operationally and financially through a CSR (Corporate Social
Responsibility) initiative.
Roger will present this highly interactive session in which participants
examine a real-world case study and discuss innovative ways of
motivating employees and leaders in a service setting relevant for
domestic, international and global organizations.
Page 6 | Register online at wpcarey.asu.edu/institute or call 480-965-6201
event details
location
All class sessions are held in the beautiful MBA Suite in
McCord Hall at the W. P. Carey School of Business on ASU’s
Tempe campus in Downtown Tempe, Arizona. Downtown
Tempe, one of the Phoenix valley’s most frequently visited
destinations, is located about 15 minutes from Phoenix Sky
Harbor International Airport. (See tempetourism.com for
details on local area events and attractions.)
hotel information
overcoming barriers to change
Douglas Olsen, Ph.D., Faculty Director
Associate Professor of Marketing
A block of rooms has been reserved at the Residence
Inn Tempe Downtown/University for Services Leadership
Institute attendees. This hotel offers many amenities and a
convenient location in the heart of downtown.
W. P. Carey School of Business
Arizona State University
Services Leadership Institute Hotel Room Rate Per Night:
$189.00 (Single or Double)
Ralph Waldo Emerson once posited, “If you build a better mousetrap
the world will beat a path to your door.” This seems reasonable, but
in practice there are many great ideas that do not seem to achieve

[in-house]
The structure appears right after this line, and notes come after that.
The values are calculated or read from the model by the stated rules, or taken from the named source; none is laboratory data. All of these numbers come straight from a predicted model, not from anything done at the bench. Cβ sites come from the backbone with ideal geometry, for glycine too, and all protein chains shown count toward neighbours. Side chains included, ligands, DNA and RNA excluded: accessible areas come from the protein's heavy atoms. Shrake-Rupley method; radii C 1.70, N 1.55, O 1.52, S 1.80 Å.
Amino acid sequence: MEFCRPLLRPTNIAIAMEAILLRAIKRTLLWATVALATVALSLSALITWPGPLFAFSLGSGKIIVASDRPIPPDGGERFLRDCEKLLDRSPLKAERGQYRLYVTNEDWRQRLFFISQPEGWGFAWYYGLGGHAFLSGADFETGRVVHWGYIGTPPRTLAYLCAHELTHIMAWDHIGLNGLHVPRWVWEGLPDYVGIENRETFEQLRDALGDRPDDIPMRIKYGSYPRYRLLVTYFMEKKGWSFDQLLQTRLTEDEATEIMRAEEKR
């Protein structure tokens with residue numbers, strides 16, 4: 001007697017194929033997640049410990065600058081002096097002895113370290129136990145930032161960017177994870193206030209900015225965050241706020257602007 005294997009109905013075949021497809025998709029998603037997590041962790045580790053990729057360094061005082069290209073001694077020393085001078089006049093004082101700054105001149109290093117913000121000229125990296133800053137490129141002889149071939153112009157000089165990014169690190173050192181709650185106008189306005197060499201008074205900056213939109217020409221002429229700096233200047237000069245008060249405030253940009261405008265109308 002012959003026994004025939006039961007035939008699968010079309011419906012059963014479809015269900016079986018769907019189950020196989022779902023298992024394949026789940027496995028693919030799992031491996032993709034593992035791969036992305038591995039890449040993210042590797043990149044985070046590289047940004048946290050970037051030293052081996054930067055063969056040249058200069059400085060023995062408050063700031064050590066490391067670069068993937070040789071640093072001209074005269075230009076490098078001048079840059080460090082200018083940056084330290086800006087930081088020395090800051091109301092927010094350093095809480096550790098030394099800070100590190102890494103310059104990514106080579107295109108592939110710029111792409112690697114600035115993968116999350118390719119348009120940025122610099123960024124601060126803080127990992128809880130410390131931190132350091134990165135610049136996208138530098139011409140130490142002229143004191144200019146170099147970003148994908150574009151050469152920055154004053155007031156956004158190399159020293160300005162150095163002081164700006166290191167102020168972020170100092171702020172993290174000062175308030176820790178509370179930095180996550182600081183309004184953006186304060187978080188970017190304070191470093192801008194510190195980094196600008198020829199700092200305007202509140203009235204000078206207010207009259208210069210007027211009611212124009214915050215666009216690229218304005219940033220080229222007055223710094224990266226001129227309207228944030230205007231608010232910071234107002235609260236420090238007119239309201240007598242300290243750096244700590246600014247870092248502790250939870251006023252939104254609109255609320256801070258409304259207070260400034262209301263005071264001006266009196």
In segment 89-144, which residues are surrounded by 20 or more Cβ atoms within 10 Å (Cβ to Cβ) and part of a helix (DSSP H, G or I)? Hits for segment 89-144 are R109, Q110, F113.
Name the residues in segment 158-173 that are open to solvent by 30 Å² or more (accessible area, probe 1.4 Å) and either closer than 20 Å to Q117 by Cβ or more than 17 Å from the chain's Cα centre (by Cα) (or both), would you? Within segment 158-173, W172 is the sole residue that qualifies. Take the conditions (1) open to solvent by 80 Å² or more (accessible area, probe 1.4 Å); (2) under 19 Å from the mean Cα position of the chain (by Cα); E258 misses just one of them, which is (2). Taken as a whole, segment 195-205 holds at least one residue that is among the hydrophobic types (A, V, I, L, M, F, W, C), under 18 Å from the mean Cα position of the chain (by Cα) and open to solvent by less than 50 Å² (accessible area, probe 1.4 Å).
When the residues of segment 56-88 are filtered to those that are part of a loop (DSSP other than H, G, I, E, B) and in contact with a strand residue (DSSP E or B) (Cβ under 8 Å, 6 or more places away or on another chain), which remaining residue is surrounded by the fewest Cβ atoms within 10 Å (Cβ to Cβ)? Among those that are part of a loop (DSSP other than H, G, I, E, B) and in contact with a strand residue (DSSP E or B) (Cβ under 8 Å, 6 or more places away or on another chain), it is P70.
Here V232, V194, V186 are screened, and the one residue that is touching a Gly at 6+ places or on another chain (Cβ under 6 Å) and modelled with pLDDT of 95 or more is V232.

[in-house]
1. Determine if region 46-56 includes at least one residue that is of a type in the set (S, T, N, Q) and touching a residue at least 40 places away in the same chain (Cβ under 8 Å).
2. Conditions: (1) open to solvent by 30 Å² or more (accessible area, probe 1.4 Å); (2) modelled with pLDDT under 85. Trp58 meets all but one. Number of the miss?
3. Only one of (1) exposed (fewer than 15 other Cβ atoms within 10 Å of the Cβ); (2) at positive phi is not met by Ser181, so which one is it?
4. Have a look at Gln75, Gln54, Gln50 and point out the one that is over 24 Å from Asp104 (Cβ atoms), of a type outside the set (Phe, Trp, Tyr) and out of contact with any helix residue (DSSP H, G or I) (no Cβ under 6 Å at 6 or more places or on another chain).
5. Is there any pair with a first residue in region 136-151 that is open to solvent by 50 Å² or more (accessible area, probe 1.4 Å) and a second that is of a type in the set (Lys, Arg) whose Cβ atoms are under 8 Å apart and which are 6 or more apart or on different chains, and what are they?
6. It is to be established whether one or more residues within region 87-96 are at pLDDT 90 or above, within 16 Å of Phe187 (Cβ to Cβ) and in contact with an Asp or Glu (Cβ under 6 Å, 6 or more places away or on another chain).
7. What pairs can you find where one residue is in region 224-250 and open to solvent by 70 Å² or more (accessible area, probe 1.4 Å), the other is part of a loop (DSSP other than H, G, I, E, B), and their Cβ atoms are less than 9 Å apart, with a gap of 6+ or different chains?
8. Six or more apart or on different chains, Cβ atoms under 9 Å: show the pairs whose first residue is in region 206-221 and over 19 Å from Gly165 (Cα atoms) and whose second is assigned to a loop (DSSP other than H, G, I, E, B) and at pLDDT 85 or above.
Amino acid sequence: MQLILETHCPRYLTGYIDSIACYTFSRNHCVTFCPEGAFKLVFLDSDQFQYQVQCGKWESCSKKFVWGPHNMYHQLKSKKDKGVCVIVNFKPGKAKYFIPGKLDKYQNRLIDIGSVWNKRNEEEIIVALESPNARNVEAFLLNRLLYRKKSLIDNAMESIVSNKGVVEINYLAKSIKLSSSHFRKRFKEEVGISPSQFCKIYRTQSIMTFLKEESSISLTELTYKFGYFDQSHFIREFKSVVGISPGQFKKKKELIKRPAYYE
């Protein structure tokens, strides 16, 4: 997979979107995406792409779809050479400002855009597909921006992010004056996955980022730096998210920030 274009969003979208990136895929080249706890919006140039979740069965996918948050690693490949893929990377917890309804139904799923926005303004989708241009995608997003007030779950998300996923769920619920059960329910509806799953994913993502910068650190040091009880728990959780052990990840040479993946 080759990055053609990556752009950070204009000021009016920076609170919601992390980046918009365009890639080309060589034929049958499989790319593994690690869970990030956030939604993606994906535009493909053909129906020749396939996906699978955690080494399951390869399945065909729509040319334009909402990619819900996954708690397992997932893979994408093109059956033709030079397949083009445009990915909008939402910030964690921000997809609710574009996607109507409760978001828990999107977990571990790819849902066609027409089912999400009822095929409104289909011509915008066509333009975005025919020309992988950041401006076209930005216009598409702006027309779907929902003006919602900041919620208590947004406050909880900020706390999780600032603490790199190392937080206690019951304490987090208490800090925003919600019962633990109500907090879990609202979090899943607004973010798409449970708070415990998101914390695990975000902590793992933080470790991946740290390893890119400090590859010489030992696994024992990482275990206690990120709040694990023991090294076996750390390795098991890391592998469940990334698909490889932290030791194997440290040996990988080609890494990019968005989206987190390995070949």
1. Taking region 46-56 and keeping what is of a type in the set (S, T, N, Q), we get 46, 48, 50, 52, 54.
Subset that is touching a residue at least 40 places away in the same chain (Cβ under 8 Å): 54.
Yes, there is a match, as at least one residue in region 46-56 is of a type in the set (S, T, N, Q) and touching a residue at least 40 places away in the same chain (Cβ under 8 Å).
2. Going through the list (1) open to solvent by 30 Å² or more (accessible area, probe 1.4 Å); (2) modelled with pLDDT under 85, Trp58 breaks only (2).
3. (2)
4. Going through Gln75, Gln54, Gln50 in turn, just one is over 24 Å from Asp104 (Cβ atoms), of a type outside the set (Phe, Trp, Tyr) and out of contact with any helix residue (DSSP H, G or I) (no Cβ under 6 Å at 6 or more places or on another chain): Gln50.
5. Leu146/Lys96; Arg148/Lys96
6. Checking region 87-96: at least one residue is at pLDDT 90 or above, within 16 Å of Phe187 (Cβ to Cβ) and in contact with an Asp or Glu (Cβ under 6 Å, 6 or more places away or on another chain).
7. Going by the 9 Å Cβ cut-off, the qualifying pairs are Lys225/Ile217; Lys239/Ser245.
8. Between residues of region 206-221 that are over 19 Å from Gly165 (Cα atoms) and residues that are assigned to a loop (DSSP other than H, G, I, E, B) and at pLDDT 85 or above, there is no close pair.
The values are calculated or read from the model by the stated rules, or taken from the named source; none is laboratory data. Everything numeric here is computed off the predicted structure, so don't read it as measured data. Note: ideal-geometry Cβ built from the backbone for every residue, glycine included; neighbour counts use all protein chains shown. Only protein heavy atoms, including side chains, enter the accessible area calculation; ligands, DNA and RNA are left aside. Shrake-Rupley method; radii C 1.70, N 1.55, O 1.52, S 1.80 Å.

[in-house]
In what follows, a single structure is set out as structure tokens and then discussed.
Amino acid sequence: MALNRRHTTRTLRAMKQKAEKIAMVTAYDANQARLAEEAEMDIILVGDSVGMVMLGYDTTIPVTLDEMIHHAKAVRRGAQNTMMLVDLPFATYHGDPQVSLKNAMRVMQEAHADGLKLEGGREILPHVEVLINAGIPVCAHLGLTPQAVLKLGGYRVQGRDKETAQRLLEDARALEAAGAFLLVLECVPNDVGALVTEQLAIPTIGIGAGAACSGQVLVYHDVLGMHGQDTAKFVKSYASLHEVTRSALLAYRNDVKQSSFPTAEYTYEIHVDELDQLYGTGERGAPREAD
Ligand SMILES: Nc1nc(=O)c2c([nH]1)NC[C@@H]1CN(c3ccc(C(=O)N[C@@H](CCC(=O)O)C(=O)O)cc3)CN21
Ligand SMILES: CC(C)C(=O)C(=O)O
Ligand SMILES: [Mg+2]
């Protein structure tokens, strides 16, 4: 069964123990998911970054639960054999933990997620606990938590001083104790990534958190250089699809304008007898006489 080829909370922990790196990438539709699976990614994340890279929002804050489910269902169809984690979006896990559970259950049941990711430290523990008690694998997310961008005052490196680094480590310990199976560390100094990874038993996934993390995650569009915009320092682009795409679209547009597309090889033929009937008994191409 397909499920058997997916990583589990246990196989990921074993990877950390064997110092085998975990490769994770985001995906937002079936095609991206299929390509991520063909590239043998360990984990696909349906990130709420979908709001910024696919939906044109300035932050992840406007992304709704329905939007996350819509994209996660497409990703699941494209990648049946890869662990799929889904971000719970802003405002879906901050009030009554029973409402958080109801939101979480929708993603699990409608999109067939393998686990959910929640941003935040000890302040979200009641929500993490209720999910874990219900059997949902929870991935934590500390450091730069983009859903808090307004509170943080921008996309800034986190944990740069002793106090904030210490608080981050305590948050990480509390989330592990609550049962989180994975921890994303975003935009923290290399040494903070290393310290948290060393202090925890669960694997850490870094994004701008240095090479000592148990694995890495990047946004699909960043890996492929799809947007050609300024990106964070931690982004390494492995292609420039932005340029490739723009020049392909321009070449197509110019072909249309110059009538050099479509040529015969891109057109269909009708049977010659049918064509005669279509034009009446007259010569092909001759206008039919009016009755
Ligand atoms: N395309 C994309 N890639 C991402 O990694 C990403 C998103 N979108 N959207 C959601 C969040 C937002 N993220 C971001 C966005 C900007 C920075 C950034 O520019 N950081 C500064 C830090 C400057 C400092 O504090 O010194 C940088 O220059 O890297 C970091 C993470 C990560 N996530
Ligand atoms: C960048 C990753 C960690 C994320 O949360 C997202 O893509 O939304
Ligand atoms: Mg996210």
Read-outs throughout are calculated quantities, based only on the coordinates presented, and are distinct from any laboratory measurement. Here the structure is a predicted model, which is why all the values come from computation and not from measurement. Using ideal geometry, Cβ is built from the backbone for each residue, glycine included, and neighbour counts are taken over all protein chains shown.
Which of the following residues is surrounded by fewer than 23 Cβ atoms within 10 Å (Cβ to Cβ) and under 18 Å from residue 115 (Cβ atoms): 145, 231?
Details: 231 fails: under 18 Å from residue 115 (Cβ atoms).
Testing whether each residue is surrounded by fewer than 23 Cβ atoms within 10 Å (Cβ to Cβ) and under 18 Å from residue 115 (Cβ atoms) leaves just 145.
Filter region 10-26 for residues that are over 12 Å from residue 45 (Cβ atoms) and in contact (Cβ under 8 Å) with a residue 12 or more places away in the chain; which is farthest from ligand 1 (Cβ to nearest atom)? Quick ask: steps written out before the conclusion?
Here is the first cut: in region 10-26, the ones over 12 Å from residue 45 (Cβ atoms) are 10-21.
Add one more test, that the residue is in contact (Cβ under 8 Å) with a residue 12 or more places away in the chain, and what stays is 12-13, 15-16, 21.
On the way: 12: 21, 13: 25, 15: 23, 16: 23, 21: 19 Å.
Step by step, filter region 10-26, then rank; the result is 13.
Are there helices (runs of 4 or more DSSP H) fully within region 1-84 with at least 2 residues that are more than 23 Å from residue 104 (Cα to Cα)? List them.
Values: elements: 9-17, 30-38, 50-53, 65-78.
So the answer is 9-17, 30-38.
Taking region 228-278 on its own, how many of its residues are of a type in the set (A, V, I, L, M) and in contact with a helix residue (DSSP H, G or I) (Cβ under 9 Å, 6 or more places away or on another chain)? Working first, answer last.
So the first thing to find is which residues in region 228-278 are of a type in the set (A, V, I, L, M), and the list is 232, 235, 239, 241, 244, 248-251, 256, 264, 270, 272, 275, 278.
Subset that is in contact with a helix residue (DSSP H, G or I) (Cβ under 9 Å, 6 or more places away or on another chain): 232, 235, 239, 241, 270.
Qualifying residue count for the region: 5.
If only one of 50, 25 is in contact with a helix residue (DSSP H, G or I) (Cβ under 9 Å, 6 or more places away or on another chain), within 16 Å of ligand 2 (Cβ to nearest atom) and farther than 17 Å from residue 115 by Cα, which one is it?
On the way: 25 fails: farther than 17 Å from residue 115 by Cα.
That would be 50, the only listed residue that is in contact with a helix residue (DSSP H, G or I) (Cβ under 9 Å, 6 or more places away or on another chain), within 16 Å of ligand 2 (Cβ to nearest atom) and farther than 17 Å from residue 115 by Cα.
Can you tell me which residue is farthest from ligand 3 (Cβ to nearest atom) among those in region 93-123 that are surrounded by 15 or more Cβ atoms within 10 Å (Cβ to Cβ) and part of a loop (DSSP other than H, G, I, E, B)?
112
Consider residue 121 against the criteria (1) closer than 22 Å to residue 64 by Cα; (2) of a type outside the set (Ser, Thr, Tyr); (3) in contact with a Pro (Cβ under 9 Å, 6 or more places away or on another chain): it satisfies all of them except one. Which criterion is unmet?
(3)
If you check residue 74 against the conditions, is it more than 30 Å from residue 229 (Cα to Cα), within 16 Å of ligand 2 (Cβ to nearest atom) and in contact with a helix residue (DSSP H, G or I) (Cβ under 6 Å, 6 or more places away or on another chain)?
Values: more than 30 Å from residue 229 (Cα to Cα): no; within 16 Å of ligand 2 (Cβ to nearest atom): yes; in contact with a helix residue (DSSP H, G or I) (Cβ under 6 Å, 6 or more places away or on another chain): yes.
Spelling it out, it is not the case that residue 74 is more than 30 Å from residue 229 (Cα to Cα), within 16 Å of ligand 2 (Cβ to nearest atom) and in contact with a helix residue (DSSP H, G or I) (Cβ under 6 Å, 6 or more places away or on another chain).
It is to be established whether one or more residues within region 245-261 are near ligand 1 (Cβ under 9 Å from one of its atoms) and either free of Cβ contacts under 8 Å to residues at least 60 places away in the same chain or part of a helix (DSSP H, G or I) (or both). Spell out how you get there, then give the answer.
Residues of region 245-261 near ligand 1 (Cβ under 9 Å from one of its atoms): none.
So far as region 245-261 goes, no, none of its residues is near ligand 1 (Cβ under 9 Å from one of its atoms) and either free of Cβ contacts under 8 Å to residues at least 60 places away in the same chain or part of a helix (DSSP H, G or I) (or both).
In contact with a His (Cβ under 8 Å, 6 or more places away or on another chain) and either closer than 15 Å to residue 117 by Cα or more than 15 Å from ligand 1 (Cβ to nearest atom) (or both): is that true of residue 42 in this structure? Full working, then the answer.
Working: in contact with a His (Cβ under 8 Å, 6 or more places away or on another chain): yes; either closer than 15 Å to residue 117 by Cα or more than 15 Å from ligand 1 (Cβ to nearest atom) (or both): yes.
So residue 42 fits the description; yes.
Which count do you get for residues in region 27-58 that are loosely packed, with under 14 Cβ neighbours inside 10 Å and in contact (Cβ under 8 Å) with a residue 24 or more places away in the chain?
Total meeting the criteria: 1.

expected results, and poor ones that seem to stay around forever.
This is true of new products, services, policies and changes within the
organization.
This session will consider the impact of factors that impact the success
of any change initiative, based on a model developed by the presenter.
Specifically, this session will examine pragmatic ways of:
• Identifying the three different levels of value communication
• Decreasing the stability associated with the existing system
• Reducing the fear/uncertainty surrounding the new offering
Attendees are responsible for booking their own rooms. To
book your room, call 1-800-331-3131 on or before Friday,
February 27, 2015. You will need to reference the “Services
Leadership Institute” to qualify for the reduced rate.
Note: Self parking is available at the hotel for an additional
fee of $10 per car, per night.
meals & networking events
Refreshments will be served before class and at all the
breaks. On Monday night there will be a reception in McCord
Hall. A networking lunch will be held Tuesday on the ASU
campus. Tuesday night we will host an elegant reception
under the stars at the beautiful Desert Botanical Garden.
Lunch on Wednesday will be on your own, so you can
explore downtown Tempe and ASU’s Memorial Union.
attire
pricing, per person
Now through
After
March 13, March 13,
2015
2015
Employee of a CSL Member Firm
or Past CSL Event Attendee1
$3,000
$3,200
All Others
$3,300
$3,500
Teams of Two or More2